Major powers are divided over what to put on the table should Iran resume talks on curbing its nuclear program and whether to allow it to continue enriching uranium to some degree, diplomats said on Friday.
Britain, China, France, Germany, Russia and the United States on Friday signalled their openness to fresh talks about Iran's nuclear program, which the West suspects is a cover to develop an atomic bomb but Iran says is to generate electricity.
EU foreign policy chief Catherine Ashton, who represents the group, issued a statement making clear that a diplomatic path remains open to Iran despite tougher sanctions and fresh speculation of a military strike on its nuclear facilities.
The EU3+3 has always been clear about the validity of the dual track approach, Ashton's spokesperson said in a statement that also formally released her October 21 letter offering to resume talks with Iran. We are waiting for the Iranian reaction.
The dual track refers to the combination of sanctions and diplomacy to try to curtail Iran's nuclear programs.
The release of the statement and the letter itself appeared be an effort to demonstrate that the major powers are willing to talk to Iran, while reiterating their demands that Tehran must return to the table willing to talk about its nuclear program.
It also appeared to reflect frustration at recent Iranian statements hinting at a willingness to return to the table but Tehran's failure to formally respond to the letter and commit to discussing the nuclear program in earnest.
NEGOTIATING STRATEGY UNCLEAR
If the Iranians were willing to resume talks, it is not clear what negotiating strategy the six major powers, which are known in diplomatic parlance both as the P5+1 and as the EU3+3 - might employ, notably on any confidence-building measures.
There is no agreement inside the P5+1 on how such confidence-building measures should or should not be presented to the Iranians, said one diplomat.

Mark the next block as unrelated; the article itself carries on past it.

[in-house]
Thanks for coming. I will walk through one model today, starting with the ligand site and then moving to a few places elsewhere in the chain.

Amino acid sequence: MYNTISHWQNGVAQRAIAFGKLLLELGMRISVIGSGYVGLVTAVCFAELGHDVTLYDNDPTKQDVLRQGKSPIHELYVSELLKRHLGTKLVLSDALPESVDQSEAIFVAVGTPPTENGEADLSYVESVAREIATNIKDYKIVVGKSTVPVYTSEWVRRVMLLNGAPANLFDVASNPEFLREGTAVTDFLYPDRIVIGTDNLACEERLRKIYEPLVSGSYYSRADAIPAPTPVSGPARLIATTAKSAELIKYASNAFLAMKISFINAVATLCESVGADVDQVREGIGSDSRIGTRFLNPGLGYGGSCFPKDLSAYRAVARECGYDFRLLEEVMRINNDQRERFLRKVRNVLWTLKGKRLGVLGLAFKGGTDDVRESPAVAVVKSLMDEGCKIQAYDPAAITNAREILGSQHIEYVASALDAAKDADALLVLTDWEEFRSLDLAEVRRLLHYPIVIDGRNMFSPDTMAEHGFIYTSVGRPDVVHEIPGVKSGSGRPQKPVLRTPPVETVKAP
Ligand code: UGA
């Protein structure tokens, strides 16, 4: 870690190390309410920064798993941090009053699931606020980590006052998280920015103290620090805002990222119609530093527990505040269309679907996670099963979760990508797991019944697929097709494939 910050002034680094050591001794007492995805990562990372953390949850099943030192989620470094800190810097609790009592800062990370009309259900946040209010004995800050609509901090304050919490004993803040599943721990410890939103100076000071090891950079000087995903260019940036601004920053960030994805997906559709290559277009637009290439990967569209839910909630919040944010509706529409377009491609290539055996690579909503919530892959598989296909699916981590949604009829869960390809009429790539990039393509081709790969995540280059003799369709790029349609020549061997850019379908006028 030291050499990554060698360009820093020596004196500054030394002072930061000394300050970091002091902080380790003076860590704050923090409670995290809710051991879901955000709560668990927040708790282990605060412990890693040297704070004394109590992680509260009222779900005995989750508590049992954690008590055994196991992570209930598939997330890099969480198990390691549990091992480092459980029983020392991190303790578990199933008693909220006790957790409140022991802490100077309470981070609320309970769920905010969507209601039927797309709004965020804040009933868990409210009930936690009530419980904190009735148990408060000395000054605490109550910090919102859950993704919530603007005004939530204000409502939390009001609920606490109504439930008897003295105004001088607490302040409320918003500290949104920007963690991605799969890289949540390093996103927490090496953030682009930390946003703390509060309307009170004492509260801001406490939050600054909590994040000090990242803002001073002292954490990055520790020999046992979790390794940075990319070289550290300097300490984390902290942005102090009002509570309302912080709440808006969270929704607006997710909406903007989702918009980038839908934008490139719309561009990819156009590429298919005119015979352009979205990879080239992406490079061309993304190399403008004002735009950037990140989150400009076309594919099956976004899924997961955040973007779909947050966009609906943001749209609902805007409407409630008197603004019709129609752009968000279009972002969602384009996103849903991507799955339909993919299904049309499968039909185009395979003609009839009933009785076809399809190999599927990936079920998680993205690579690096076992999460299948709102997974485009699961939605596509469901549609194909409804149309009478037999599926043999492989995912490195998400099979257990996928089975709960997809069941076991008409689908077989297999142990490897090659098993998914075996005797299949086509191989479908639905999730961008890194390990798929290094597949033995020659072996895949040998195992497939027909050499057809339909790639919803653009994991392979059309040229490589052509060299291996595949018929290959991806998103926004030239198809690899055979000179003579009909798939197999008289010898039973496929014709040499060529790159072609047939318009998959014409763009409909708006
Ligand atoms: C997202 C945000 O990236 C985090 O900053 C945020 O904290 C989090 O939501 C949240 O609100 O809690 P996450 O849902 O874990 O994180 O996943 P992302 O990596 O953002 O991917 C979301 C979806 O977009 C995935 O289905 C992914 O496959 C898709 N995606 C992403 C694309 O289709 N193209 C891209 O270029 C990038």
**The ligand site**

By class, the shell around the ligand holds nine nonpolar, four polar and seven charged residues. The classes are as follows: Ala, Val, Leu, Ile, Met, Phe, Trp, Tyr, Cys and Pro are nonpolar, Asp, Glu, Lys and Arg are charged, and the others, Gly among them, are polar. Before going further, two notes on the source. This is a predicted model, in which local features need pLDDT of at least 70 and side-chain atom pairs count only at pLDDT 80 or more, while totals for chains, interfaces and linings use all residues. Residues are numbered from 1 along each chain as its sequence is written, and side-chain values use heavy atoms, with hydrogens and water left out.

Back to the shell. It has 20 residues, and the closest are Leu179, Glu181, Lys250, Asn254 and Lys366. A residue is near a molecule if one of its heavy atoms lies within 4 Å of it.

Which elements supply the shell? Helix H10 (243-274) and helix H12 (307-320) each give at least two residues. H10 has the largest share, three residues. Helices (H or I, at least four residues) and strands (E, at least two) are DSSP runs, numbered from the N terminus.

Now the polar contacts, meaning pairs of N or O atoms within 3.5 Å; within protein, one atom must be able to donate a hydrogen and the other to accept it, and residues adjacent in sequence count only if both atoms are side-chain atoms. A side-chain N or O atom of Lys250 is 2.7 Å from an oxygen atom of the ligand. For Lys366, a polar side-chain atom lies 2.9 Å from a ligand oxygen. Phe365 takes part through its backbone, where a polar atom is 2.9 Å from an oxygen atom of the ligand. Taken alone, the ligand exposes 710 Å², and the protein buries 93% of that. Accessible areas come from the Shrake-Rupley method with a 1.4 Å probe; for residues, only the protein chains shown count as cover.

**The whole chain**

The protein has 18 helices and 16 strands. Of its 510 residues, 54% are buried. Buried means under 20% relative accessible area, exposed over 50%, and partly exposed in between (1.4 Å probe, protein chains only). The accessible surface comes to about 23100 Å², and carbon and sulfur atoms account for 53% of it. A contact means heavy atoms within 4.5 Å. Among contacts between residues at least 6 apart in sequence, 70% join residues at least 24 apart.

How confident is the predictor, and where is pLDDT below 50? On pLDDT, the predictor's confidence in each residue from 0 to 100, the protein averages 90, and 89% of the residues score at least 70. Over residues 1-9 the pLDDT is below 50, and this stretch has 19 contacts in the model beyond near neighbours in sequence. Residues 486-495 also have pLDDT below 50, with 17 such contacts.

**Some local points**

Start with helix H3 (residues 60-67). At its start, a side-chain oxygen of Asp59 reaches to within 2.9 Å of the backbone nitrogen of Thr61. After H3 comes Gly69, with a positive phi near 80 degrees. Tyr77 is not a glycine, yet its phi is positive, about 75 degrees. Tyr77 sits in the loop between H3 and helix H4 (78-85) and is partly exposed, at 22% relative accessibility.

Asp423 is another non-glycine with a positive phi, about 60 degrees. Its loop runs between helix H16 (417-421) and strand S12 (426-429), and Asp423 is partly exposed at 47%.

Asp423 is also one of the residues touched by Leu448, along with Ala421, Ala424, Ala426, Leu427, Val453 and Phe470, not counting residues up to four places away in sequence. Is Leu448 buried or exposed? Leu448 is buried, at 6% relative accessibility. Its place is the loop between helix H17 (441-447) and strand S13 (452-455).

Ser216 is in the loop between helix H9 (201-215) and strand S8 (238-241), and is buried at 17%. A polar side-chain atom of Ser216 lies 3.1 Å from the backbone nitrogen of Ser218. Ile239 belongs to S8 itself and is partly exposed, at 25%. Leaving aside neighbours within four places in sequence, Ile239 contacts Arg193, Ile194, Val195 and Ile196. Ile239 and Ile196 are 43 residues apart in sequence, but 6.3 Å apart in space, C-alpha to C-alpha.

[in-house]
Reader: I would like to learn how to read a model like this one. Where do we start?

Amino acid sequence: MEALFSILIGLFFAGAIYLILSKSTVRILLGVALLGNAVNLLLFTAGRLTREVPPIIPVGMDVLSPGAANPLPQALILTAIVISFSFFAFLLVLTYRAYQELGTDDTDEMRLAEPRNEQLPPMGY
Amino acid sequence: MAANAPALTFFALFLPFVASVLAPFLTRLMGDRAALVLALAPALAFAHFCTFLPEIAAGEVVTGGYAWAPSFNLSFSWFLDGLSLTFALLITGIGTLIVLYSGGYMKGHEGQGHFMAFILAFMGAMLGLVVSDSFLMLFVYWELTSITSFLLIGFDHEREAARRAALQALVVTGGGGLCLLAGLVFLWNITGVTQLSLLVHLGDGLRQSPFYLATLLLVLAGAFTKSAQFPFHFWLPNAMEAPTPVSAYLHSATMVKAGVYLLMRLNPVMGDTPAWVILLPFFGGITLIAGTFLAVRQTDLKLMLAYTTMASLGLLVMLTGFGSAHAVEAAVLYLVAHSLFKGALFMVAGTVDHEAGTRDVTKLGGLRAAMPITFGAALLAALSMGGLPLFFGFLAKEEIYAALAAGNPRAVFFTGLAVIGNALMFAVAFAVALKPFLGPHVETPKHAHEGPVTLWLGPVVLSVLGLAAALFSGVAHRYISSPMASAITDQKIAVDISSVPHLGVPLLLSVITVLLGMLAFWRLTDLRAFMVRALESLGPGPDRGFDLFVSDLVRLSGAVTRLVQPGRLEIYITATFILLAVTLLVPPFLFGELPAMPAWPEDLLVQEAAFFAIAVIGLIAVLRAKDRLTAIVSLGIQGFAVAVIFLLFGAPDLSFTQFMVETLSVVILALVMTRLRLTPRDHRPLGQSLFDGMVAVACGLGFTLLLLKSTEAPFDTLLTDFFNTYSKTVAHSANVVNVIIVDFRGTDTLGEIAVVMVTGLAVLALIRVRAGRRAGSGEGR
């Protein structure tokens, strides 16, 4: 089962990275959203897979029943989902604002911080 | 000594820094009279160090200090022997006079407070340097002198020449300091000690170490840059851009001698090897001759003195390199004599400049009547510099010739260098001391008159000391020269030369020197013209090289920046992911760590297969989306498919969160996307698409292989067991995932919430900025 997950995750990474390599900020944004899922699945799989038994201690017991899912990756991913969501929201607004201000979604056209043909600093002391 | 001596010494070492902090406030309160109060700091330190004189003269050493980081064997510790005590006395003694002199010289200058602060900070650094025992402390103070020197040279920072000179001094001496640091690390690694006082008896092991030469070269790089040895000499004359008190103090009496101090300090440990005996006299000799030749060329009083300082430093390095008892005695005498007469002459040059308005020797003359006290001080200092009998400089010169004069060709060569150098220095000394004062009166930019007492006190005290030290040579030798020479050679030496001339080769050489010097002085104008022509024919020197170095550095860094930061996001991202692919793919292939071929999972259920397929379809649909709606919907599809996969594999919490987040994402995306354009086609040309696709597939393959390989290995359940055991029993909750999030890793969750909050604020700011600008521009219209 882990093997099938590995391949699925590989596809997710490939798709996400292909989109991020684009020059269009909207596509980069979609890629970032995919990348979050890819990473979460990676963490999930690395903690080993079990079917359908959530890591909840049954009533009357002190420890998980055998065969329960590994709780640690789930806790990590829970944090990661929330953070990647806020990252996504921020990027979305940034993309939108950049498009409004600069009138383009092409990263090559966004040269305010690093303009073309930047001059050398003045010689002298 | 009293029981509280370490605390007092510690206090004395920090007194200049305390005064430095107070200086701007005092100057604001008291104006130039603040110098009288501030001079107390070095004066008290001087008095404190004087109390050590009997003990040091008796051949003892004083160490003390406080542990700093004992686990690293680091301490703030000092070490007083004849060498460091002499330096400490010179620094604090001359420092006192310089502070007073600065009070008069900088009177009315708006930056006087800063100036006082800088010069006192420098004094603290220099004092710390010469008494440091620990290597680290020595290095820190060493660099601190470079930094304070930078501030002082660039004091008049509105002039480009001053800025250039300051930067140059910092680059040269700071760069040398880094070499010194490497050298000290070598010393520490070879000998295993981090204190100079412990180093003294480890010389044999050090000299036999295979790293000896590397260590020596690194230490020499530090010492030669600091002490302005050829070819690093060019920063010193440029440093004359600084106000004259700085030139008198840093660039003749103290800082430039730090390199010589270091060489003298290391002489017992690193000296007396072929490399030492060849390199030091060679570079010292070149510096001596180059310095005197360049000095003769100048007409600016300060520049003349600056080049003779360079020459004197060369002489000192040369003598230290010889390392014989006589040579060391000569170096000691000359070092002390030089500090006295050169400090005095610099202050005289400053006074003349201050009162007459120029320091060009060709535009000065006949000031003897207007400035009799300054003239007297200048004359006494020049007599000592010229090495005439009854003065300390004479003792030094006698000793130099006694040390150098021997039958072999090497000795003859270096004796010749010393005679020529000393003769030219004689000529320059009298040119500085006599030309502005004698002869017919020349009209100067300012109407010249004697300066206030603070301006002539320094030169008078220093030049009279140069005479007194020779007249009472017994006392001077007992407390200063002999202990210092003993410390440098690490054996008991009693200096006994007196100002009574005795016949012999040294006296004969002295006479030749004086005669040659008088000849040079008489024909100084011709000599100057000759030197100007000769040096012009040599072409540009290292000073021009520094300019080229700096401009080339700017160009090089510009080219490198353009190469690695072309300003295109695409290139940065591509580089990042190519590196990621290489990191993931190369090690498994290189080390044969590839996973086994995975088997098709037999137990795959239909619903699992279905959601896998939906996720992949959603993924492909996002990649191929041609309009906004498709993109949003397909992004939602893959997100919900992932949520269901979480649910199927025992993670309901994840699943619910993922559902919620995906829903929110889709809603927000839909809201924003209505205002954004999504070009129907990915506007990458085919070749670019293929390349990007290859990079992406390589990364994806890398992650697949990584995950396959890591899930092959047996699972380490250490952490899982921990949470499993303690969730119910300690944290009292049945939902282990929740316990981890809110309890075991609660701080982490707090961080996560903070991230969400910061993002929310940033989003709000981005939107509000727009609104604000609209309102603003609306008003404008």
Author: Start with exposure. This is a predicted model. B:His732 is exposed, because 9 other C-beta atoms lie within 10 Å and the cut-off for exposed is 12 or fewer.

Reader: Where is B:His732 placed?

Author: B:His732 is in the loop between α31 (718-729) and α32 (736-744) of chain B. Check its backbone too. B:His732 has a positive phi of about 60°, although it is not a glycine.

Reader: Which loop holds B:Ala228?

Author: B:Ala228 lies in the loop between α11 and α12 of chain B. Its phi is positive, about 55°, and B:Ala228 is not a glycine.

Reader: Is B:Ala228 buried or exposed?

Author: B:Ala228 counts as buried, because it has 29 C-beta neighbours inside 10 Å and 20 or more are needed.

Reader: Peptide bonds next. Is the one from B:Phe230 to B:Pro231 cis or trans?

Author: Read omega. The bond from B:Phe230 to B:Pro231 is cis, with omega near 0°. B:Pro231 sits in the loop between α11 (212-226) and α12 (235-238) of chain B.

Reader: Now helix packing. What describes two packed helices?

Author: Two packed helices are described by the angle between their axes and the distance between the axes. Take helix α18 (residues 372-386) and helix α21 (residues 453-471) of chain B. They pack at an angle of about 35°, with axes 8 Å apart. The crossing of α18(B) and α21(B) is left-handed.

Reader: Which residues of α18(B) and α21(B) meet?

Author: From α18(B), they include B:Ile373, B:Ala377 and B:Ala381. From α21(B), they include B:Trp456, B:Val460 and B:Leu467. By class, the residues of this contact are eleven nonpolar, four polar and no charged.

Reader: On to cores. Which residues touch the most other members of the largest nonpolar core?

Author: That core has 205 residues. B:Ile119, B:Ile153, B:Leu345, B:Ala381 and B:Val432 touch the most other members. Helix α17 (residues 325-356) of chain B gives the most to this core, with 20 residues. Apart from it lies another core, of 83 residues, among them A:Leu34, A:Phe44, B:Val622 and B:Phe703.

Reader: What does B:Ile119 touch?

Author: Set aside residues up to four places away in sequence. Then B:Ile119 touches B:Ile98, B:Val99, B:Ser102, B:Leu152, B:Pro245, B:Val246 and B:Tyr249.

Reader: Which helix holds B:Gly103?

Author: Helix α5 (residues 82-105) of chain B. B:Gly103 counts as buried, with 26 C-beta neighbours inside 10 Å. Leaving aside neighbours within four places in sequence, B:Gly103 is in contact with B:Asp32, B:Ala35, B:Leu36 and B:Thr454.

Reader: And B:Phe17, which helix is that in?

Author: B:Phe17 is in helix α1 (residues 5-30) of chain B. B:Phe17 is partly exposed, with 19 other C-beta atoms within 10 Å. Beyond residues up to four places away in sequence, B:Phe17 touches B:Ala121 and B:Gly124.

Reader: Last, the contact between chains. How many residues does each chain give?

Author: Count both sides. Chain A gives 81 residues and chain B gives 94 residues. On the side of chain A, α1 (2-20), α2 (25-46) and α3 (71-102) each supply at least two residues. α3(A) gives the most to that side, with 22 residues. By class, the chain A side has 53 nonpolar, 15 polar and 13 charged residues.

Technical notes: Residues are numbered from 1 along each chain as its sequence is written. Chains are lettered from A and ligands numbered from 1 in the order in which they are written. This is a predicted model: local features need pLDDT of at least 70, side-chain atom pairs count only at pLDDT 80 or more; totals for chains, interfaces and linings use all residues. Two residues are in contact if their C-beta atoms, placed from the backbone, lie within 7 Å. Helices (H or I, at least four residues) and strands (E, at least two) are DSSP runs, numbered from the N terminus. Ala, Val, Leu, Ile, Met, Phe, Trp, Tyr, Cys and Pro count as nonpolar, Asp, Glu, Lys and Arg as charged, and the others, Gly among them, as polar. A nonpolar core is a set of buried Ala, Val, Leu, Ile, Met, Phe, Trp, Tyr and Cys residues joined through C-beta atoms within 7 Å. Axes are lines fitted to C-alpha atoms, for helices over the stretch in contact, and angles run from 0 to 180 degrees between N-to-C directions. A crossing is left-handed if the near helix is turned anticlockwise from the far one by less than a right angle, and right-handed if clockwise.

A central issue is whether the group might ask Iran to cease enriching uranium to the higher level of 20 percent but allow it, at least for a time, to continue enriching at lower levels -
a stance partly at odds with the group's past positions.
Uranium enrichment is a process that at low levels can yield fuel for nuclear power plants or, if carried out to much higher levels of purity, can generate fissile material for bombs.
Multiple U.N. Security Council resolutions have called on Iran to suspend its uranium enrichment and related activities, and the P5+1 group has taken the view that it must suspend such activities during any serious negotiation.
To permit Iran, even for a period, to enrich at lower levels would be something of a concession by world powers, although they have previously offered a temporary freeze-for-freeze in which Iran would halt expansion of its nuclear program and the major powers would not pursue additional sanctions.
Diplomats said the United States favoured the idea while others were more sceptical.
Asked why some members of the group might be willing to let Iran continue to enrich at lower levels, at least for a period, one diplomat said it reflected a desire to give diplomacy every possible chance to succeed.
That really is the crux of it. You want to be able to say that you pursued every option diplomatically to try to get Iran to halt its program, he said.
Daryl Kimball of the Washington-based Arms Control Association said he understood that the United States and others in the group were prepared to propose a halt to enrichment at the 20-percent level and, probably, the removal of some or all of the stock of such material that Iran has already produced.
In exchange, the P5+1 would provide fuel for the Tehran Research Reactor, essentially updating a proposal it put forward in October 2009, before Iran was known to have begun enriching to the 20-percent level.
This proposal is being presented as an additional confidence-building step, Kimball said. It does not represent backsliding.
A diplomat said that proponents of the idea would argue that the nations negotiations with Iran had not softened their terms and that Iran must still suspend all its enrichment-related activities during any serious negotiation.
It's just an issue of sequencing, he said, reflecting the view of advocates. The counter-argument, he said, was that the Iranians might simply pocket such a proposal as a concession allowing them to continue enriching.
Diplomats have long said it made no sense to allow Iran to continue its suspect nuclear activities during talks because Tehran could stall the negotiations while perfecting its technology and advancing toward nuclear capability.
A senior Obama administration official told Reuters that if talks were to resume, the group would have a common stance.
If the Iranians accept the offer of the P5+1 to have talks on the basis of High Representative Ashton's October letter, we fully expect a unified P5+1 approach to the talks, the official said.
(Reporting by Arshad Mohammed; Editing by Ross Colvin and Xavier Briand)